To put that to the test, researchers studied children exposed to their parents’ smoke. If they grew up to have less Parkinson’s, that would confirm the protective link—and indeed they did. So, smoking really does seem to be protective against Parkinson’s disease, but who cares? How does that help us? “More than 20 million Americans have died as a result of smoking since the first Surgeon General’s report…” Even if we didn’t care about dying from lung cancer and emphysema, even if we only cared about our brain, we still wouldn’t smoke because smoking is a significant risk factor for having a stroke, as well.


Is there a way we could get the benefits of smoking without the risks through our diet? I discuss this in my Peppers and Parkinson’s: The Benefits of Smoking Without the Risks? video.

Other Parkinson’s videos include Preventing Parkinson’s Disease with Diet and Treating Parkinson’s Disease with Diet.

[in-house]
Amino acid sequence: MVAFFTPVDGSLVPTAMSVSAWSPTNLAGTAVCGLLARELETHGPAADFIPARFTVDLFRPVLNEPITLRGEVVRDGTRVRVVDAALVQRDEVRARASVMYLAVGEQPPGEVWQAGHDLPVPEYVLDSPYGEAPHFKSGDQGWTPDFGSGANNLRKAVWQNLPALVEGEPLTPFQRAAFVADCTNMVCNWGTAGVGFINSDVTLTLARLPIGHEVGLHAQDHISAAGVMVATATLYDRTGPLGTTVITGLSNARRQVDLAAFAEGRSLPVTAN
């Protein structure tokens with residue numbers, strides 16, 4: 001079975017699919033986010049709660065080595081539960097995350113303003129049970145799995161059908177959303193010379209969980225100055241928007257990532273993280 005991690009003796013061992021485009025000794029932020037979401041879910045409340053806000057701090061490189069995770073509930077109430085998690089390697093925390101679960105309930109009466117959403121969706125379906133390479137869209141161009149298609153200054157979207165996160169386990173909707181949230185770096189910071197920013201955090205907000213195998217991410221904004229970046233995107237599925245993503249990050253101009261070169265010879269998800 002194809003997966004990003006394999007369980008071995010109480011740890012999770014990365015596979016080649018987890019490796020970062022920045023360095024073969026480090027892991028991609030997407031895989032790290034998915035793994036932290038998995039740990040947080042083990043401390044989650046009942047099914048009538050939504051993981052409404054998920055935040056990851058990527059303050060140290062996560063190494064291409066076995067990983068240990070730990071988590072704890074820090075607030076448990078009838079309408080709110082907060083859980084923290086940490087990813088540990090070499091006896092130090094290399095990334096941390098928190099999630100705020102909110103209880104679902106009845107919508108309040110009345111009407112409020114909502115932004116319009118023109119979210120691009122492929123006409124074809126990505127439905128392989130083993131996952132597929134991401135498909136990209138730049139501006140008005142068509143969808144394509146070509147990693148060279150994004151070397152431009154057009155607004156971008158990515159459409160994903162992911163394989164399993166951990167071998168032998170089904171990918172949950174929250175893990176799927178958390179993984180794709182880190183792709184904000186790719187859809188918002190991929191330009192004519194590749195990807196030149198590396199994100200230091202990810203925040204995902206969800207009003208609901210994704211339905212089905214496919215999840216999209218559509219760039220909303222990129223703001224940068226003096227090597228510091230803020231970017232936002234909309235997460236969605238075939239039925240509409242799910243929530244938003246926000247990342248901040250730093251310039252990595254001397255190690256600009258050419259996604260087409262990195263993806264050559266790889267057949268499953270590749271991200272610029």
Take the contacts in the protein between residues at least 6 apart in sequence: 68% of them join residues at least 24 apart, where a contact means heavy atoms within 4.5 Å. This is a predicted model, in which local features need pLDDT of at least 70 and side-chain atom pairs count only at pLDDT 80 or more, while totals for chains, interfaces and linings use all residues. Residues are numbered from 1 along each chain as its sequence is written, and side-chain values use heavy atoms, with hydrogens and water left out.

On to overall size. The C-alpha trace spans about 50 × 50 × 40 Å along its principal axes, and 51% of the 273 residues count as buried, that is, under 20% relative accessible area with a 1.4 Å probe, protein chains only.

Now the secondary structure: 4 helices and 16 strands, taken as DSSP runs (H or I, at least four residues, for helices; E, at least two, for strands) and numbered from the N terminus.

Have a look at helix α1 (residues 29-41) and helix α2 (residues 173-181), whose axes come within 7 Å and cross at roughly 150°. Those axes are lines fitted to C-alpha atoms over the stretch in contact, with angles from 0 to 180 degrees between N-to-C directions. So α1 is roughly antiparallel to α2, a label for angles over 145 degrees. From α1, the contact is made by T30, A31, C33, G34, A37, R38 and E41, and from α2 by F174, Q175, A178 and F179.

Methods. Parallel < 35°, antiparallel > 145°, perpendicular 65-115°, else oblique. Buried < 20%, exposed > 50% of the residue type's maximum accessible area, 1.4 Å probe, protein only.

Diet may play a role in other movement disorders. For example:

Surprised about the potential benefits of coffee? See:

In health,
Michael Greger, M.D.

PS: If you haven’t yet, you can subscribe to my free videos here and watch my live, year-in-review presentations:

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Get Our 2019 Recipe Calendar

Get Our 2019 Recipe Calendar

It’s Giving Tuesday

Today is #GivingTuesday, kicking off the charitable season with a celebration of giving and philanthropy. To commemorate it this year, we’ve created a limited edition 2019 NutritionFacts.org Staff Recipe Calendar. If your annual wall calendar doesn’t specify when National Kale Day is (first Wednesday of October, duh) then you have the wrong calendar! This year’s recipes include Purple Sweet Potato Burgers (Kristina, Social Media Director), Almond Berry Crunch Bars (Steven, Global Volunteer Director), Curried Chickpea Wraps from my How Not to Die Cookbook, and more…directly from the kitchens of our staff members! The first 200 people to donate $100 or more to keep my 501c3 nonprofit NutritionFacts.org alive and thriving will get a calendar in time for the new year. Don’t wait—we ran out within a few days last year. Update: calendars have all been spoken for. Thank you for your support!